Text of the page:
Nail your nutrition. You should have just as much importance placed on fueling correctly as you do building a training schedule. The worst thing to happen to any endurance athlete in a race is hitting the wall and having to slow down or get the dreaded DNF.
In every workout you use stored glycogen for fuel. If you deplete the glycogen stores you hit the wall. To fully come back from depleting your stores, it takes days or weeks. This means your next workouts suffer or you’re not able to complete them.
The key is to never let your glycogen stores get too low. Think of it like the fuel gage on your car. Try to never let it dip below 25-50% capacity.
I try to have a form of carbohydrates every 30 minutes during a workout. A gel, half a bar, banana, or sports drink, helps to make sure my “fuel tank” never falls below the level I am shooting for.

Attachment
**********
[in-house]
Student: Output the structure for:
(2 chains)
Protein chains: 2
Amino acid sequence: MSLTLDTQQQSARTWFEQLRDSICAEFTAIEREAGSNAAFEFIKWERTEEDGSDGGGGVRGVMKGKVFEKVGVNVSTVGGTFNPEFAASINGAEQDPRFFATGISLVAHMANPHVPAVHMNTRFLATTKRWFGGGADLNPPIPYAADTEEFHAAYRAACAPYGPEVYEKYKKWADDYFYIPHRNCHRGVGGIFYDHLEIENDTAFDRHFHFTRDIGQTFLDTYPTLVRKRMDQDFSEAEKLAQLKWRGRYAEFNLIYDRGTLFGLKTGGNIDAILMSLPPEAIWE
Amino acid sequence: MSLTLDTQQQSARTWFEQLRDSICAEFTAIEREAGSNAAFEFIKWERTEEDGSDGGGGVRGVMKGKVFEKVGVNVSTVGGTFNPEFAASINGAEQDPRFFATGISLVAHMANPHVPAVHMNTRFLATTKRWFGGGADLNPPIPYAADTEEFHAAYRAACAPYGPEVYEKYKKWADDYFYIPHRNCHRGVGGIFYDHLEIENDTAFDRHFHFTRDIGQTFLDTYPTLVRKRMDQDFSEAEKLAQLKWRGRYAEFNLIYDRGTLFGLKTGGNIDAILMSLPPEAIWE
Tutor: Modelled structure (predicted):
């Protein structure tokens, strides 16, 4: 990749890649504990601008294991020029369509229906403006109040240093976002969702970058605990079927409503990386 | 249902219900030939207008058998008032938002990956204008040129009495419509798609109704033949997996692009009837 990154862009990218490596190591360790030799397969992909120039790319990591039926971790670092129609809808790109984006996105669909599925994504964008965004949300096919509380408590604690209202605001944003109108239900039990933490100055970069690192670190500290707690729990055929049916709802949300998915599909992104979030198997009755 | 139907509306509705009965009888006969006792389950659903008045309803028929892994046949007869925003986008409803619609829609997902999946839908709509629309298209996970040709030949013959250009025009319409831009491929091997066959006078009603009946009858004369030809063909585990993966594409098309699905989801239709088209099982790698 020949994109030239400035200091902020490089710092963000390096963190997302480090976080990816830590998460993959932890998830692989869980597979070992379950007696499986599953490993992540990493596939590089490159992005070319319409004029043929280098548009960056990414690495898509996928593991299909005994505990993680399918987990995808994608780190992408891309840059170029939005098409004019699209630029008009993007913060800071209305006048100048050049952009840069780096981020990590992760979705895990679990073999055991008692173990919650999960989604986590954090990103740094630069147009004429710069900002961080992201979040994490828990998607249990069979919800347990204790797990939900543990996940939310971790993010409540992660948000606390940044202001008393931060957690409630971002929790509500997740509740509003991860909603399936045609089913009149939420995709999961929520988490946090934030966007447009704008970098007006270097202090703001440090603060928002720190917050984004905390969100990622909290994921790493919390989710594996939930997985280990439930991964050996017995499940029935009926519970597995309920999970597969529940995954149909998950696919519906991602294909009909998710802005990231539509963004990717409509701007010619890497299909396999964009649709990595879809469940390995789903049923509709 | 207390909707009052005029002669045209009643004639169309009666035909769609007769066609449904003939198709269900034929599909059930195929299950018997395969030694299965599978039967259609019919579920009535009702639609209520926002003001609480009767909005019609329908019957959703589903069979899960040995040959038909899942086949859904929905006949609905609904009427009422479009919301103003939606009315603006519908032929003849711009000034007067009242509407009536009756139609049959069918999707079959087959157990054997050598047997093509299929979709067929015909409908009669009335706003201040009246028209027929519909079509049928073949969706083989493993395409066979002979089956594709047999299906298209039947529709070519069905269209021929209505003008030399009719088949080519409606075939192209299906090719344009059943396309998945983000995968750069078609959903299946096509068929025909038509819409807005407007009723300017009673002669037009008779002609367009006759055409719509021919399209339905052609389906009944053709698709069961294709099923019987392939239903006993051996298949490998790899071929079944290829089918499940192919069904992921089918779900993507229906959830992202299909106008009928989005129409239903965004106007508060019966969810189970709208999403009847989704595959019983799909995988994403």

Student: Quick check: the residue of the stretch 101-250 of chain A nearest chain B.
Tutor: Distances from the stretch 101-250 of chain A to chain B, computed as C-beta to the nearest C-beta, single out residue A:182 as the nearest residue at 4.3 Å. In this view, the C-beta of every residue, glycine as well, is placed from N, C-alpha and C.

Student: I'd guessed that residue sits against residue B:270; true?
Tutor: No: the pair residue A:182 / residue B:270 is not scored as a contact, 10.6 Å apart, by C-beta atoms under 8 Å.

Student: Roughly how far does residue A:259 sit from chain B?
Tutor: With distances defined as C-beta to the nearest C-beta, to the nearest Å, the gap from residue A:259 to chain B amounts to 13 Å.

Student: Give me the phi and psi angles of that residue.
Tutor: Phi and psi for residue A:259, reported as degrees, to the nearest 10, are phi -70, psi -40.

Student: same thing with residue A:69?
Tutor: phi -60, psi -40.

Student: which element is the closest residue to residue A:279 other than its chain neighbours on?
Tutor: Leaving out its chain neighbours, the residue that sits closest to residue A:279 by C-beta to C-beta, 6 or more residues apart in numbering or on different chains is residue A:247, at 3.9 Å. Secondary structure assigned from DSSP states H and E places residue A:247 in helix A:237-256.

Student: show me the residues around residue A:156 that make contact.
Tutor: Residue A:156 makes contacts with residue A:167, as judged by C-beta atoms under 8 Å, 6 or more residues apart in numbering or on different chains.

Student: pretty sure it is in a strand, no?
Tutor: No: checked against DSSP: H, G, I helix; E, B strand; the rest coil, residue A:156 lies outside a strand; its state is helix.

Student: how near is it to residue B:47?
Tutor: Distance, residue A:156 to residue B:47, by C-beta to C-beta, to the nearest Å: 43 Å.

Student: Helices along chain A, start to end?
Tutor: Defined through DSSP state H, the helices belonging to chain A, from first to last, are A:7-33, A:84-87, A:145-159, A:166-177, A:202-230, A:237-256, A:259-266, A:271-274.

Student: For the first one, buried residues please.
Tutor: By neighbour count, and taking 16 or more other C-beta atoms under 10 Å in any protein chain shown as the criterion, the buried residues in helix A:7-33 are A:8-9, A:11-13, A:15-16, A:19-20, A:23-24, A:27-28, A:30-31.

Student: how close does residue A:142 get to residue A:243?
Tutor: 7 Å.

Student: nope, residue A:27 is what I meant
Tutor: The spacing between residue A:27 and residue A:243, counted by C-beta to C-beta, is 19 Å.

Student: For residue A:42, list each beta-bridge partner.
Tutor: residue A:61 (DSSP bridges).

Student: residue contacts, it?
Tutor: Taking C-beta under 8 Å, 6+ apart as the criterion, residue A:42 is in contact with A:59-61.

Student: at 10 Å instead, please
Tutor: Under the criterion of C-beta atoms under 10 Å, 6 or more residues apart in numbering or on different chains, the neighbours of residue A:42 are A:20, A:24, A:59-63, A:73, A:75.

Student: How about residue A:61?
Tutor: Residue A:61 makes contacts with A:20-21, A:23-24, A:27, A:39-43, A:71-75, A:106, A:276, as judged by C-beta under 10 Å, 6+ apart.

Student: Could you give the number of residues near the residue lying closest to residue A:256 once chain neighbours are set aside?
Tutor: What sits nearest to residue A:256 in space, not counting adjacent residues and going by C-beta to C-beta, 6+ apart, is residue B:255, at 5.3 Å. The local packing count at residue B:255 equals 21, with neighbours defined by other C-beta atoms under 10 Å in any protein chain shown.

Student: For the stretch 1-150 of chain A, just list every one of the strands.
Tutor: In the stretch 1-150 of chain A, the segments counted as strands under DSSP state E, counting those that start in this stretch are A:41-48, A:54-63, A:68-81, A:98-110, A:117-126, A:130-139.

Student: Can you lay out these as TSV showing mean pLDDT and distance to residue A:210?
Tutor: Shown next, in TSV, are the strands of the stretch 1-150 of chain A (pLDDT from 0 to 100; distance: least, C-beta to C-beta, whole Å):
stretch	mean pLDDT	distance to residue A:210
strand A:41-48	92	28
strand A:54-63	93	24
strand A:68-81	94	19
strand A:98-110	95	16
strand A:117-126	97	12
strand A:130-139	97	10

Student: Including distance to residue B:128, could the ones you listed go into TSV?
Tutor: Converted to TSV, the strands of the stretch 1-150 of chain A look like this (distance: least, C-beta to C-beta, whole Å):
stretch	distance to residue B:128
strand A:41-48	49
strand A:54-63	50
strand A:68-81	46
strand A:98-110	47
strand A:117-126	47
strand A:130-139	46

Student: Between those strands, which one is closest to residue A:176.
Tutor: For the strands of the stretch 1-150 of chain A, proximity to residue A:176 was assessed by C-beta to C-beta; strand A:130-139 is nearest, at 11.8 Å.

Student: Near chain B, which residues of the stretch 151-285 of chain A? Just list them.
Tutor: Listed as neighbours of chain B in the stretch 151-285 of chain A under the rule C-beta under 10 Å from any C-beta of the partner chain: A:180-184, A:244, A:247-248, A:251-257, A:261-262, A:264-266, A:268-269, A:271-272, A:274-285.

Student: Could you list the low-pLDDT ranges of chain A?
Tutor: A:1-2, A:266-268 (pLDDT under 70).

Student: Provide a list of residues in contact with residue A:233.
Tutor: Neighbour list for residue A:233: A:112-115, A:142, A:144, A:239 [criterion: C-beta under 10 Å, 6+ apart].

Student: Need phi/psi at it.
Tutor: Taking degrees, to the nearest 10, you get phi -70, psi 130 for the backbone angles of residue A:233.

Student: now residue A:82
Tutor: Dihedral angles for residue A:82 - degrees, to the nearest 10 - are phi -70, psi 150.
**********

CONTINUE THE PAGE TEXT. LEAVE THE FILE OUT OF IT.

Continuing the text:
How does Boulder Sports Chiropractic help you?
It is so important to stay on top of injury risk. My body is my livelihood and if I’m injured, I can’t race! Getting weekly treatments to focus on any tightness I may have from shoulder pain to calf tightness keeps me from having any injury set backs. I love the Active Release Technique and dry needling. In addition to massage and rehab; chiropractic care and the modalities Boulder Sports Chiropractic rely on are a critical part to my body work protocol.
More about Justin…
In addition to professional triathlon, Justin has a degree in human physiology and nutrition. He has a unique set of skills developed through hours in the classroom paired with 10 years of multisport experience. When he is not training, he helps athletes like you build customized nutrition plans to address any weakness in training, racing or general body composition.